Treatment for astrocytoma depends on many factors including the type of tumor, tumor grade, tumor location, and the age and general health of the individual.
Am I at Risk
Because the exact cause of astrocytoma is unknown, researchers are unable to state definite risk factors at this time. One rare type of astrocytoma called subependymal giant cell astrocytoma is inherited and associated with another disorder. If your family members have this type of astrocytoma, your risk is increased for developing it.
Researchers suspect that exposure to certain chemicals may increase the risk of astrocytoma in developing babies during pregnancy or infancy. Such chemicals include pesticides, formaldehyde, vinyl chloride, phenols, acrylonitrile, N-nitrosos compounds, polycyclic aromatic hydrocarbons, lubricating fluids, and organic solvents. People may be exposed to these chemicals at certain jobs.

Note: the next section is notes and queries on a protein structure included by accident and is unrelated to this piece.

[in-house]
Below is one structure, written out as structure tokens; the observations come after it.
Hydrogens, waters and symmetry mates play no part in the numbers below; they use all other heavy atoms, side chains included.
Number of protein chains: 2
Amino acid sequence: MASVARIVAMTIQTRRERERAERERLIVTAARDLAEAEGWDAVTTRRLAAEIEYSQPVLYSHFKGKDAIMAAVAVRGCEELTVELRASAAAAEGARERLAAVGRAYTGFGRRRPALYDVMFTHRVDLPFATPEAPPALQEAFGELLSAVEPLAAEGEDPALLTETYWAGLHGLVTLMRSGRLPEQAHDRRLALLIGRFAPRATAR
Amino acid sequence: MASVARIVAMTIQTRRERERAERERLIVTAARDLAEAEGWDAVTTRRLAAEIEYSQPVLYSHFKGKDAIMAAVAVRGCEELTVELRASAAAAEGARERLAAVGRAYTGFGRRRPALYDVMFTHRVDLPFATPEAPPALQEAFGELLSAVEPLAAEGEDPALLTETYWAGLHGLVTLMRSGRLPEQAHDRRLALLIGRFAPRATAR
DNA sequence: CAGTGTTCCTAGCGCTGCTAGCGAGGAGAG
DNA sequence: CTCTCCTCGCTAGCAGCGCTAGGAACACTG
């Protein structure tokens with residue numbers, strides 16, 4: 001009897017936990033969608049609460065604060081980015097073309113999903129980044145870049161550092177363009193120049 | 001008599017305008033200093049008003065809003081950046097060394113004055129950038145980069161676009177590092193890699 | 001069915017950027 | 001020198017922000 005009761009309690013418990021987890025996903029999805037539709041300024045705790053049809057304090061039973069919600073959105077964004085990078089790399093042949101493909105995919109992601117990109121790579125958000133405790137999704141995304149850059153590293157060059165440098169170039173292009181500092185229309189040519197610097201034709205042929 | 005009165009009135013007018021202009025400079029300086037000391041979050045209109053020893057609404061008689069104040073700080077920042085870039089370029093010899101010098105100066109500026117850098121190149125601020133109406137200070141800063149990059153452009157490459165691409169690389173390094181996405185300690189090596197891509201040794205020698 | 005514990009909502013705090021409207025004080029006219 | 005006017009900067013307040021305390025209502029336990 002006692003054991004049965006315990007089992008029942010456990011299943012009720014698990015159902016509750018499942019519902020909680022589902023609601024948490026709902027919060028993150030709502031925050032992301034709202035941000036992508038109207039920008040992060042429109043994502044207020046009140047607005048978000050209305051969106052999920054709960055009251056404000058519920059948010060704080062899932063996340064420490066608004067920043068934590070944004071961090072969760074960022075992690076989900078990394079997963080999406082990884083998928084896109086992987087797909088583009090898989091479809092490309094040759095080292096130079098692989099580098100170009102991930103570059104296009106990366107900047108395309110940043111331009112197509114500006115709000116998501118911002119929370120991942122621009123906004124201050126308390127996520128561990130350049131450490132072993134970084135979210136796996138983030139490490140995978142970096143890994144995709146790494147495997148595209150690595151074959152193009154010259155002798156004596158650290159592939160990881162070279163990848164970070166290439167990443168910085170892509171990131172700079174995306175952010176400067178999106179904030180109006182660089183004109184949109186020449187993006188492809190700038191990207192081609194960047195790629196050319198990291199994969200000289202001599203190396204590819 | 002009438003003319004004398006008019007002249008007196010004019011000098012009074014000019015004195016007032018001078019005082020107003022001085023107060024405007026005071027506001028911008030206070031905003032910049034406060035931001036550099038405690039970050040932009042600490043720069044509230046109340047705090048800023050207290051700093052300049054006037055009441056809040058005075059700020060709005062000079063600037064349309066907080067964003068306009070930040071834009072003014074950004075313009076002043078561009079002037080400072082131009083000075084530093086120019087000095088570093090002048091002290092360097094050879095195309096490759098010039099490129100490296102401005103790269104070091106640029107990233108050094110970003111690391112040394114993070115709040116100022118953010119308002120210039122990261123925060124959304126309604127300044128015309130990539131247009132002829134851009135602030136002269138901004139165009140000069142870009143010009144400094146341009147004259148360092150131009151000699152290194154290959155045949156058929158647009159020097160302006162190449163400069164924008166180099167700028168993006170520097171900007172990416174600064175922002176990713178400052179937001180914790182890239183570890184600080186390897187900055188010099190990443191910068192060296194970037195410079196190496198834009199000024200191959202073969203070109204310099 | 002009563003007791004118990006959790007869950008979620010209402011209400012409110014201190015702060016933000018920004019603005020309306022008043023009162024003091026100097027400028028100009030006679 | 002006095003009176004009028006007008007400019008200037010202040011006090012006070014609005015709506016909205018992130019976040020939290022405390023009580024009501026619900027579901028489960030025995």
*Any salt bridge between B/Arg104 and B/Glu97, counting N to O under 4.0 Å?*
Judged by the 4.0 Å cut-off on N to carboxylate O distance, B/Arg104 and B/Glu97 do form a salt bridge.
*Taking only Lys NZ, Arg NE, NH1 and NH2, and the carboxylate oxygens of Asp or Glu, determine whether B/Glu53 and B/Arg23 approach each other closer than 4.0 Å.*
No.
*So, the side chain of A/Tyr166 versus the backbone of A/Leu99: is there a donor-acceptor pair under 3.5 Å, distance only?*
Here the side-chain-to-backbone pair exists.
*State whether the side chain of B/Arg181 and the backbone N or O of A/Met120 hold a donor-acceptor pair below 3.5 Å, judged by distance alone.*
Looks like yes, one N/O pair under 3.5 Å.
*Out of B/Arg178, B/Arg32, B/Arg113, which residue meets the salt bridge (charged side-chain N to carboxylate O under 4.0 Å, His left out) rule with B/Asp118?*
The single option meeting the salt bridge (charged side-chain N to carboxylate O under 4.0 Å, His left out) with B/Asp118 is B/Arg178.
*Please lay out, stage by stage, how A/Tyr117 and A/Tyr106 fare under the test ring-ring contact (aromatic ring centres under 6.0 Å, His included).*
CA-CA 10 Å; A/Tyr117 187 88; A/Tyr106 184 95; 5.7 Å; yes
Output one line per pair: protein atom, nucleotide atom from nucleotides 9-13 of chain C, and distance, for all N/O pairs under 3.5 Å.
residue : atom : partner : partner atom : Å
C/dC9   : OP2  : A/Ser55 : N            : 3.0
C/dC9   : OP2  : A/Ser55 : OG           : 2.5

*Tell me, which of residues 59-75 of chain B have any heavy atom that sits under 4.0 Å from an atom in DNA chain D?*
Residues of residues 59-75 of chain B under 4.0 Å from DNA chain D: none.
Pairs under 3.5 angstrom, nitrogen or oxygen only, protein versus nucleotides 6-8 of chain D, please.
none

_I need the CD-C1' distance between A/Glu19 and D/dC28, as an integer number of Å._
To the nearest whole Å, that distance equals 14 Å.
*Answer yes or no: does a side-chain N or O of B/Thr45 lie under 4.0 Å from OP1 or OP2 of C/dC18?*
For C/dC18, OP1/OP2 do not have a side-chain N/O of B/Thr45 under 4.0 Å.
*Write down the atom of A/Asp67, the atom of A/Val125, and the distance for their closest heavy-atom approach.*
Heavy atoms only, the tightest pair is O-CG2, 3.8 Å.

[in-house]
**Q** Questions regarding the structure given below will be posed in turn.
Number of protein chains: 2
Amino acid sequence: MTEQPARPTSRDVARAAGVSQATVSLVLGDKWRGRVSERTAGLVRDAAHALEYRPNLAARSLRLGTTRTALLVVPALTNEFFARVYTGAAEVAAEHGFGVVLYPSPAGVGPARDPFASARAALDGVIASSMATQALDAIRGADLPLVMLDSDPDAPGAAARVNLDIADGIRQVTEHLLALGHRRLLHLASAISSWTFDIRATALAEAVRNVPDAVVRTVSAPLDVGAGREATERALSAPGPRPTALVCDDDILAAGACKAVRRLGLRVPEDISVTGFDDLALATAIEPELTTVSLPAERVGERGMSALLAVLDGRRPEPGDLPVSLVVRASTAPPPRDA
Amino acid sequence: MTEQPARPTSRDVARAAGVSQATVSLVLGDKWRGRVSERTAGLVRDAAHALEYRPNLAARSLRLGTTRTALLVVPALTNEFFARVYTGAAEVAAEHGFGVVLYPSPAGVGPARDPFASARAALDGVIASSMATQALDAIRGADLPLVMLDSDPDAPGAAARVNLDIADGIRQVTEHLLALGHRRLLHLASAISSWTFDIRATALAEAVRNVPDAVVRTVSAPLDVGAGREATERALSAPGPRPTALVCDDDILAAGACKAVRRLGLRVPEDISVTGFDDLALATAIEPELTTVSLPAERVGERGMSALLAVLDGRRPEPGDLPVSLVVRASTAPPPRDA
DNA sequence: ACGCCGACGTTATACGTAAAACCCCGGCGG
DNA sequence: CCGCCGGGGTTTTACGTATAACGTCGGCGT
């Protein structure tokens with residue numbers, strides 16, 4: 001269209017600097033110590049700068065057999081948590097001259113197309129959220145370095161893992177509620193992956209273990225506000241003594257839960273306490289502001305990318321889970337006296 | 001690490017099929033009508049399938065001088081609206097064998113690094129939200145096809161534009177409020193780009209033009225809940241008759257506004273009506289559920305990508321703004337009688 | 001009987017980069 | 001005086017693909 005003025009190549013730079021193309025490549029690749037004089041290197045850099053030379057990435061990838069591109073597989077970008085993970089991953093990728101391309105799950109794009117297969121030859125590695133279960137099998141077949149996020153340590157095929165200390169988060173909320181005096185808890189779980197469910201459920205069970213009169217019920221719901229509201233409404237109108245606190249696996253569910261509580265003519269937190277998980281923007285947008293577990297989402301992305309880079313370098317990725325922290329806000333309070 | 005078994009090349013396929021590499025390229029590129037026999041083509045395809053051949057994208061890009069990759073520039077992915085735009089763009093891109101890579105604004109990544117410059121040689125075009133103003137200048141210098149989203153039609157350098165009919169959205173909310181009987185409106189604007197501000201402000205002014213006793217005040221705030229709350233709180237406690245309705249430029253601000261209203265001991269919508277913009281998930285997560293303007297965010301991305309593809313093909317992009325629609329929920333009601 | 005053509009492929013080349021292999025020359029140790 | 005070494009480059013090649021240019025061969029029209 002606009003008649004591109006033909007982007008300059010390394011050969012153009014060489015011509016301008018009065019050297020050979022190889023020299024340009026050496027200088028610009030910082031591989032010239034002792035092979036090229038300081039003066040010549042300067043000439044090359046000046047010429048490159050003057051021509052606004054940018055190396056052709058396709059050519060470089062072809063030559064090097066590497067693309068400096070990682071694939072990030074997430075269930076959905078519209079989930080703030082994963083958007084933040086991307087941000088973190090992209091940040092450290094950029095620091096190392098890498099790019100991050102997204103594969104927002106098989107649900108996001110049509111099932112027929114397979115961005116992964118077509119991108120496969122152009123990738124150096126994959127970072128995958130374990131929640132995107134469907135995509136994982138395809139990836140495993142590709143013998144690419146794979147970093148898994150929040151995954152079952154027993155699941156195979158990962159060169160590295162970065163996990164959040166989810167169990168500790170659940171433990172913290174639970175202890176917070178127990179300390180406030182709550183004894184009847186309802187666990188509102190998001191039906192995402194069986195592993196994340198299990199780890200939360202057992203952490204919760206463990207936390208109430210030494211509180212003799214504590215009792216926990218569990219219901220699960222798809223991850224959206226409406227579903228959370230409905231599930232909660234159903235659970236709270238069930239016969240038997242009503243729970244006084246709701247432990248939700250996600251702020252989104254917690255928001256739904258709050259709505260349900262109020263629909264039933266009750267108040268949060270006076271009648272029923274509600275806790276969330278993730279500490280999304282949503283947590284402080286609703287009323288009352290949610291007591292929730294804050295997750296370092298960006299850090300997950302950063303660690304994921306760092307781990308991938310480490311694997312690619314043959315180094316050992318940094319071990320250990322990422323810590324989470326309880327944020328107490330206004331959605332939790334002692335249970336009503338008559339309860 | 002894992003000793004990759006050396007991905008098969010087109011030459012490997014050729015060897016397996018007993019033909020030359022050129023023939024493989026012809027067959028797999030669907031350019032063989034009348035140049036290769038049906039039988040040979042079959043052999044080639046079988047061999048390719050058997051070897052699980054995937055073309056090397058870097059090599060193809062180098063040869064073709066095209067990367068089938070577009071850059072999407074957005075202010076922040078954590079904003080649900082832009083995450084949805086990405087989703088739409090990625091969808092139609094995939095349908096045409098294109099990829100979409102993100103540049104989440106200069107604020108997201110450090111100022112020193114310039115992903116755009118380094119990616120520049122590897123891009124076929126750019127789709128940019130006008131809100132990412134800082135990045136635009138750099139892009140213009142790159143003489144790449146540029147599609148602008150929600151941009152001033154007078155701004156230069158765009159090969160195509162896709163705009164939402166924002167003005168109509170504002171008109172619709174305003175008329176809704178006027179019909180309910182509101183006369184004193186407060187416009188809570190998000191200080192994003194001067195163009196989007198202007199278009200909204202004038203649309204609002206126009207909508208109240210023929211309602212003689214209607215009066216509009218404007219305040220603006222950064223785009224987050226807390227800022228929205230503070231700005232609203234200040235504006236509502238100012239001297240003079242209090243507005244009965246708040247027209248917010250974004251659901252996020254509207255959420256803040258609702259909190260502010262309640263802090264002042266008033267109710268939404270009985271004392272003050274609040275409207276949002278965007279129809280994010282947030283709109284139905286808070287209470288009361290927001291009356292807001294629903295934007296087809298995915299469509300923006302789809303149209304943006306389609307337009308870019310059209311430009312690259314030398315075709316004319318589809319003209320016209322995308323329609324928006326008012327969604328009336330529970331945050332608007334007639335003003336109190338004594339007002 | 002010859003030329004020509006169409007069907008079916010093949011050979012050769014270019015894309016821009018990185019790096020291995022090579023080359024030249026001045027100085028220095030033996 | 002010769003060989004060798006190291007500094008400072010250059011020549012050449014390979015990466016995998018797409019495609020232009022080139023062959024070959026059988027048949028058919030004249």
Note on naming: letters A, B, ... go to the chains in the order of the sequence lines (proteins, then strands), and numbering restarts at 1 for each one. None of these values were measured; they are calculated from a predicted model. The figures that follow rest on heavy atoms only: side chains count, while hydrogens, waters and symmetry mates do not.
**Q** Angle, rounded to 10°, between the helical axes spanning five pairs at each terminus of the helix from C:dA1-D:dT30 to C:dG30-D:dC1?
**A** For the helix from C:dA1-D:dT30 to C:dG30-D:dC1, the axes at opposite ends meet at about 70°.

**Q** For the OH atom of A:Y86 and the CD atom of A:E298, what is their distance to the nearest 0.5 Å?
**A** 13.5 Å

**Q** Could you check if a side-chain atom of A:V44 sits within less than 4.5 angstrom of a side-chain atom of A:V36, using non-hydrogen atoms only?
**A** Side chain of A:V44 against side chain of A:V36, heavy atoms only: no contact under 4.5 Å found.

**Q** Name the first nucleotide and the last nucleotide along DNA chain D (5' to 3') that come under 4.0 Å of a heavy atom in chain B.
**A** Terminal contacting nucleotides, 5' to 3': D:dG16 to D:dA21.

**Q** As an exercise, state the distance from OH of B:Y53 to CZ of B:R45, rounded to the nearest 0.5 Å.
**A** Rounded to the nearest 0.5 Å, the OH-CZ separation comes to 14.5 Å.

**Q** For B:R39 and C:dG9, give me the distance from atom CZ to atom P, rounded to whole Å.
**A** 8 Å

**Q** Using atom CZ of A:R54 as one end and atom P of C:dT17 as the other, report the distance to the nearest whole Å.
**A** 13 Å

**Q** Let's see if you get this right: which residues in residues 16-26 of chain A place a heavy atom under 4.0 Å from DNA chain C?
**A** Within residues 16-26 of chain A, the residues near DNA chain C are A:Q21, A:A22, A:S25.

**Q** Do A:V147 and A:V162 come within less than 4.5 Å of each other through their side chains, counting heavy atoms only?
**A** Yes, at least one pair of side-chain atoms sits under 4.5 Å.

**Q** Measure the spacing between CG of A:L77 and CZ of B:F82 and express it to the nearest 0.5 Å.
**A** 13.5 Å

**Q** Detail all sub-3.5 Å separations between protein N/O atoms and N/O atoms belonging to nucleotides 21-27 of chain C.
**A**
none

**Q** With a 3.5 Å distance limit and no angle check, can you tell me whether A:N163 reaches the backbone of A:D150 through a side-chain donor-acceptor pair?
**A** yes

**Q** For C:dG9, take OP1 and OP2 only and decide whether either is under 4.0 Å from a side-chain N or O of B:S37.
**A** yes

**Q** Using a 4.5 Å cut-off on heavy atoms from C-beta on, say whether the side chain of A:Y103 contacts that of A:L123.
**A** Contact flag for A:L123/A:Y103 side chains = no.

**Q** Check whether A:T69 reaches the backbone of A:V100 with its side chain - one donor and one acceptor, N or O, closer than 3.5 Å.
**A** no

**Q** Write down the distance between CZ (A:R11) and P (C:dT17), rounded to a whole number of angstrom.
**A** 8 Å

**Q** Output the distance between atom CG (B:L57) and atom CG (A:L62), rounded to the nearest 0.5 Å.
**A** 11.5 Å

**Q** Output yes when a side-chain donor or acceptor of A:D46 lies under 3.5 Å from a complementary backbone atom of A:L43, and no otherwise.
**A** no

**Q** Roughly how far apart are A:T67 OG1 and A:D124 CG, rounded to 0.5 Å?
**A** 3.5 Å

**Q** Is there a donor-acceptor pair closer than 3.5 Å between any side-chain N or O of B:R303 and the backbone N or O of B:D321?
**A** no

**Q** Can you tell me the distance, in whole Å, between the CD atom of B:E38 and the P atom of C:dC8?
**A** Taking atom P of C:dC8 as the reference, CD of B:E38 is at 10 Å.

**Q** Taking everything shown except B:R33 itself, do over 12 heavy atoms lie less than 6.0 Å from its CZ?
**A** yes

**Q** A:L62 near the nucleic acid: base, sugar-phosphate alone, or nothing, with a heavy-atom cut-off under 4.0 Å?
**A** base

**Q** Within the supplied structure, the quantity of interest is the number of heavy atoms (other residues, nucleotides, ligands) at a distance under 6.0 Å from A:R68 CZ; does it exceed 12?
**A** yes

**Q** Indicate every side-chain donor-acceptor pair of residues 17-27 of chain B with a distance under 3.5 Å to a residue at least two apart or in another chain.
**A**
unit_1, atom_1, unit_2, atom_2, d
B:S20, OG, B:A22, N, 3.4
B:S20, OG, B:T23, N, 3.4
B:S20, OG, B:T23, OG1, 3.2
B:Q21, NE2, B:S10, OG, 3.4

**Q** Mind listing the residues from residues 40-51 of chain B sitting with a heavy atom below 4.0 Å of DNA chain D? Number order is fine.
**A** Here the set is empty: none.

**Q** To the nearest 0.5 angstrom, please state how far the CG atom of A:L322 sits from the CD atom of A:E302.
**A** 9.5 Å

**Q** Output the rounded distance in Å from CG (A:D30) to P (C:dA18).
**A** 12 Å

Astrocytomas may result in neurological impairment, disability, and seizures. Higher grade astrocytomas can spread throughout the brain and spinal cord, leading to death.
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This information is intended for educational and informational purposes only. It should not be used in place of an individual consultation or examination or replace the advice of your health care professional and should not be relied upon to determine diagnosis or course of treatment.
The iHealthSpot patient education library was written collaboratively by the iHealthSpot editorial team which includes Senior Medical Author Dr. Mary Car-Blanchard, OTD/OTR/L and the following editorial advisors: Steve Meadows, MD, Ernie F. Soto, DDS, Ronald J. Glatzer, MD, Jonathan Rosenberg, MD, Christopher M. Nolte, MD, David Applebaum, MD, Jonathan M. Tarrash, MD, and Paula Soto, RN/BSN. The library commenced development on September 1, 2005 with the latest update/addition on 8-26-2015.